The idea is this: Dwight browses your website a few times. You’re tracking his movement with a cookie. Eventually, he downloads an ebook with his dwight@gmail.com address because he doesn’t trust you yet.

At that moment, all of Dwight’s previously anonymous activity is associated with his new identity dwight@gmail.com.

The ebook is legit and two weeks later Schrute requests a live demo of your product from the sales teams. This time, he uses dwight@dundermifflin.com.

Now, HubSpot doesn’t want to create a new contact record just because Dwight’s email address changed. Doing so would mean that we wouldn’t associate any of the activity (visits, submissions, etc.) that occurred prior to requesting the demo.

Alternatively, by using the cookie to de-duplicate the identities, HubSpot can group all of Dwight’s historical activity under one record.

In the example above, and in many cases, this behavior is exactly what we’d want.

How KISSmetrics does de-duplication

As an aside, KISSmetrics, an analytics app that focuses on tracking people, runs into the same exact problem, but they handle it differently. As soon as a form submission (or some other identifying event) occurs, KISSmetrics creates a new identity and begins attributing activity in the browser session to that new identity.

Best practices for preventing lead merging

First, tell salespeople and VARs to always use an incognito browser window or clear their cookies when submitting forms on behalf of prospects and customers. If they’ll listen, great! Unfortunately, this won’t work for people outside of your organization (e.g., the Dwight, Jim, Pam scenario), but I’ve found the biggest offenders are inhouse.

Another option–which I would only advocate if this problem is killing you–would be to use your own forms (not HubSpot’s) and send the form submission data to HubSpot via the Forms API without passing the user token. There are major drawbacks to this workaround, mainly with respect to activity tracking, so I won’t detail exactly how to implement it. Visit the HubSpot API Google Group if you have questions about this.

The way forward

HubSpot opted to solve for the sandbagger problem over the lead merging problem. Personally, if I had to choose between the two evils, I’d have done the reverse (a la KISSmetrics).

The reality is, however, that in the vast majority of cases, all form submissions are done by a single person under a single email address and you don’t have to worry about lead evaporation or sandbagging.

My proposed solution, which I’ve discussed with the product manager at HubSpot, is to give portals a checkbox that forces de-duplicate based on email address instead of cookie.

From this HubSpot Ideas thread, it looks like they might implement this suggestion at the form level, which I’m also cool with!

Another terrific option would be to provide a way to quickly produce a report that shows you all contact records that have been aliased/de-duplicated with a side-by-side diff of the former and current data and a big button labeled SPLIT that let you untangle the contact records if it makes sense to do so.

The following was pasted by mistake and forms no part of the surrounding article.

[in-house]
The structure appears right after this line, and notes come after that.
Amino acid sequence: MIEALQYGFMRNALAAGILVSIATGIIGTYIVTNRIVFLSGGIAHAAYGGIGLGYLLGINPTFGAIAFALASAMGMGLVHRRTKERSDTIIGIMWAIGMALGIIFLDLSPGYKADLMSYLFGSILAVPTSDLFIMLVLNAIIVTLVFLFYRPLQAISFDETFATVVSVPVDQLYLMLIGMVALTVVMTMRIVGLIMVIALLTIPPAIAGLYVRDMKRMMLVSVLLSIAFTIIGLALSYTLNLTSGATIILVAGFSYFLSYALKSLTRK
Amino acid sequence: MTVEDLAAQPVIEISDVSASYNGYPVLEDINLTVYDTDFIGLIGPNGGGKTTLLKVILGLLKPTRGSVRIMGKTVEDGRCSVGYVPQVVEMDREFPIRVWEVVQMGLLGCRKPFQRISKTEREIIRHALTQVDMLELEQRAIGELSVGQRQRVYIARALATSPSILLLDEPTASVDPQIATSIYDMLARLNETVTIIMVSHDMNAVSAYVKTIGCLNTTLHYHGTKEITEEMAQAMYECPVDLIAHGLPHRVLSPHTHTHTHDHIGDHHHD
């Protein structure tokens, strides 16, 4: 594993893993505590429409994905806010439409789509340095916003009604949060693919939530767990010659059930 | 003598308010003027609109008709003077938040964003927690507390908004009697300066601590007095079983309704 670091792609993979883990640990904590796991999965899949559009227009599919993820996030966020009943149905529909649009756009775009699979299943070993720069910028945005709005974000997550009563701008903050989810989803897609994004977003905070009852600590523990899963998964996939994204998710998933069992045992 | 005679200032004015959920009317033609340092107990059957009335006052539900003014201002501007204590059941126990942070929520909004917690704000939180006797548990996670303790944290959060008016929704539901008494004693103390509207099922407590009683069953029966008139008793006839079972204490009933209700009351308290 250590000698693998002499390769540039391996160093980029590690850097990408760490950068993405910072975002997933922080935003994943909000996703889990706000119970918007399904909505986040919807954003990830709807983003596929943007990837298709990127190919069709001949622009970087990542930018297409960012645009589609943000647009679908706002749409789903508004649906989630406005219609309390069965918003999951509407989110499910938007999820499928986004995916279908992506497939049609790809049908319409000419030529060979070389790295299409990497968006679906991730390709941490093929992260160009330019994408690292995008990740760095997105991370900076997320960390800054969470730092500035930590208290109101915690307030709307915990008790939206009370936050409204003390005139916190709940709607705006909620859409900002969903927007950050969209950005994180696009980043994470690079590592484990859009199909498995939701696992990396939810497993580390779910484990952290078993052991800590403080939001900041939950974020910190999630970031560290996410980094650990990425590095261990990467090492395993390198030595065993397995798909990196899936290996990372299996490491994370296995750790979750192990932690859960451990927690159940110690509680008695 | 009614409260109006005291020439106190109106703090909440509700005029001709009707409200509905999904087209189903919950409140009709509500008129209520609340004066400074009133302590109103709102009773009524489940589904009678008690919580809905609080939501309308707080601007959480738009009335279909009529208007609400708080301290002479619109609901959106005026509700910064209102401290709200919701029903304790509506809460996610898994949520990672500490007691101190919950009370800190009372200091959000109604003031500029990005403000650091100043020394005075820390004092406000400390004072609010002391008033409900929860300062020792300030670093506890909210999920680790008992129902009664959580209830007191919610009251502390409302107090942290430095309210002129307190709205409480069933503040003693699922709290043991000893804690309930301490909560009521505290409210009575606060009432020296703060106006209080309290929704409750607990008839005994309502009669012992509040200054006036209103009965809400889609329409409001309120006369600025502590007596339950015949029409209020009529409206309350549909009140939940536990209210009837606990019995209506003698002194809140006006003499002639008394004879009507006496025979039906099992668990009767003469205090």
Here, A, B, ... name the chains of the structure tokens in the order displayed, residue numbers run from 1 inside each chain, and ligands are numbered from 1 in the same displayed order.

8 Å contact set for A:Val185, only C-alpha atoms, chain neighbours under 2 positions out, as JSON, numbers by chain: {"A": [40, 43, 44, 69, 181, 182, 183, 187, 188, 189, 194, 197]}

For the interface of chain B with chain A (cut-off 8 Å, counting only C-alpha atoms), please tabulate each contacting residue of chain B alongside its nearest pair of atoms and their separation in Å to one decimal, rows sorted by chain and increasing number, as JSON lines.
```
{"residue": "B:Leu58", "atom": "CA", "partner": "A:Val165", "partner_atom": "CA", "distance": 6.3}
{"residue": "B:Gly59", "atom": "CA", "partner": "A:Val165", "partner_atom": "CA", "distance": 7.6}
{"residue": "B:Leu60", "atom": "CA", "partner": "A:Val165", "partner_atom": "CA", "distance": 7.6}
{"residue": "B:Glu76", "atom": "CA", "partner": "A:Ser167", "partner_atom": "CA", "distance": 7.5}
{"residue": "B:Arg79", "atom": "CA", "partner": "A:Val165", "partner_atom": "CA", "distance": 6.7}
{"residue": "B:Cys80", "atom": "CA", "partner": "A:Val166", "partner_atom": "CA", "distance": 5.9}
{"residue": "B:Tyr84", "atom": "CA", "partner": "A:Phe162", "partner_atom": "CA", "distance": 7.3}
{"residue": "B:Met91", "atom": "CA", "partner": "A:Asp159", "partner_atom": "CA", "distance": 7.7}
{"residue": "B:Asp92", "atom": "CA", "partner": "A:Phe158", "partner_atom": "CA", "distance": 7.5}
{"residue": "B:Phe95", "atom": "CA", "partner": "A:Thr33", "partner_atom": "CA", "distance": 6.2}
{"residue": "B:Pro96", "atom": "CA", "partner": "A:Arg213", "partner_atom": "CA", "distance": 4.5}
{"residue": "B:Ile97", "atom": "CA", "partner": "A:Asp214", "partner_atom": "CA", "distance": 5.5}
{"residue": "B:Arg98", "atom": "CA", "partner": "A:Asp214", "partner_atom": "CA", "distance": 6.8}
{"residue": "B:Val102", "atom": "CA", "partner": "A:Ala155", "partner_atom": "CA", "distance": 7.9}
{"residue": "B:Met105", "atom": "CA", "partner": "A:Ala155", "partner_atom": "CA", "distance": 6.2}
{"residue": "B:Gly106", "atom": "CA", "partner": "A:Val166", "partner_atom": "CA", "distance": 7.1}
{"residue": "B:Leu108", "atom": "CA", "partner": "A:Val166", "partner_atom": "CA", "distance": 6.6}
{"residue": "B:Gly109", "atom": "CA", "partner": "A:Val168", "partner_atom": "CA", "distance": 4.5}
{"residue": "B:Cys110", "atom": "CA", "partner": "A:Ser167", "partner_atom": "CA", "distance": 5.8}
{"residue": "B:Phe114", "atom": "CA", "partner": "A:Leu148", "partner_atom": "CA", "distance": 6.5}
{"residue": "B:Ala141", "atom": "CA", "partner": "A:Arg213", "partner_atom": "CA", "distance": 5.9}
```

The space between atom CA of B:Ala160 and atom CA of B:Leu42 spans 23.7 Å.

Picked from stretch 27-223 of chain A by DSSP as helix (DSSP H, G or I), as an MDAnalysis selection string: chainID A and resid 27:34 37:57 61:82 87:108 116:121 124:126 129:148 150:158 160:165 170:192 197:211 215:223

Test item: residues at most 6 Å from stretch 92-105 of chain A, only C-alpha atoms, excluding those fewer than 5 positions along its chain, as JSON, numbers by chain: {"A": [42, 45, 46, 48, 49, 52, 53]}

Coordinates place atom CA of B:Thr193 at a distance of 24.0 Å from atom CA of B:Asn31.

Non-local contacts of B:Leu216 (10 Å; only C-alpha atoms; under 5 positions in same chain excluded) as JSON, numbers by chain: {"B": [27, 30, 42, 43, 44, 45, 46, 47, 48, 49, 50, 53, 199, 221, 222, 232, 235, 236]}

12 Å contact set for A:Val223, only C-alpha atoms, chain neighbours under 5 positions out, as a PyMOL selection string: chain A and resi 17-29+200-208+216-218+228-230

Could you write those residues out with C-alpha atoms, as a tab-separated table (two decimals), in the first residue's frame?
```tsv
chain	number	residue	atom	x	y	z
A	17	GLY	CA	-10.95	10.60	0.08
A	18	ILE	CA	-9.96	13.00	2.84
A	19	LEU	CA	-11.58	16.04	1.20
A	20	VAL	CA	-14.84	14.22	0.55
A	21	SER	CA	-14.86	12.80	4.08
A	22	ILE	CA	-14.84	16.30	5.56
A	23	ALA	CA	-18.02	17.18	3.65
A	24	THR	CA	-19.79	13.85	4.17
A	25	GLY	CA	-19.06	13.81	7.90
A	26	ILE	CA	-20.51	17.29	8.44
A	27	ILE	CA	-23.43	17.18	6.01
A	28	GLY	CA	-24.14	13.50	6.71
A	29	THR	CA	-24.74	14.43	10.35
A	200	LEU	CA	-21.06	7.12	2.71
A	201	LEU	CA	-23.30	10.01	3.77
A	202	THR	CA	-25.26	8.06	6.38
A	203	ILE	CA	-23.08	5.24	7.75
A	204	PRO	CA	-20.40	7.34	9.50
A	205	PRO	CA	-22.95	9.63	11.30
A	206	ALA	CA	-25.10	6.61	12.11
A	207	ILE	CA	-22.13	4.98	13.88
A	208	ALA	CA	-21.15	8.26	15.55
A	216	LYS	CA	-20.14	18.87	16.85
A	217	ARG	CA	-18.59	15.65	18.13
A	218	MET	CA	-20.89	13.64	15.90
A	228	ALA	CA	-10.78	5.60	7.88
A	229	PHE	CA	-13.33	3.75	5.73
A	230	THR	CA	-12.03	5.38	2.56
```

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Rob Walling

The Dangers of Projection
(Or Never Bet Against Rob Walling)

projection pro·jec·tion (prə-jěk’shən) n. – the attribution of one’s own attitudes, feelings, or suppositions to others.

Projection is a dangerous thing in business, especially when it comes to marketing.

Marketing is all about conducting experiments. The only way you can truly know whether a tactic will work is to test it and measure the results. In my experience, if you try 10 things, 2 will work.

My brain knows this is the best way to do marketing, but I still have to fight my emotional instinct to kill ideas before trying them. This instinct, more often than not, is due to projection.

Some classic examples of projection in marketing:

  • We shouldn’t bother with ads—I never click on ads.
  • We shouldn’t build a product for developers—I’m a developer and I never buy things.

Now, about Rob Walling.

I was a marketing n00b sitting in the Boston Seaport amphitheater at Business of Software 2010, having just listened to Dharmesh Shah and Jason Cohen drop enough startup wisdom to pay for the entire conference, when a speaker I didn’t recognize took to the podium.

Rob Walling’s claim to fame, as far as I could tell, was selling beach towels online. Umm, okay.

The thesis of Rob’s talk was that you shouldn’t ask for a sale as the primary call-to-action on your website. Instead, ask for an email address and sell to them over time.

Rob argued that people rarely make a purchase decision on their very first visit to your site and, worse yet, the vast majority of people will bounce and never come back. To combat this, you should offer something of value (e.g., an ebook or email course) in exchange for their email address.

That sounds…scammy.

Maybe this works for beach towels, but any SaaS business that tries this tactic is surely going to repel their prospects. They’d repel me.

Boy was I wrong.

My projection was so strong that I discredited Rob’s years of experience and overlooked the abundance of empirical evidence he had to support his claim.

I’m glad I took notes during Rob’s talk, despite being incredulous at the time, because his advice on capturing email addresses is integral to every marketing plan I build. It has never failed me.

Unsurprisingly, Rob now has a SaaS product that makes it dead simple for companies to collect email addresses and nurture leads through drip marketing. Will it succeed? I can’t say—but I’m never betting against Rob Walling.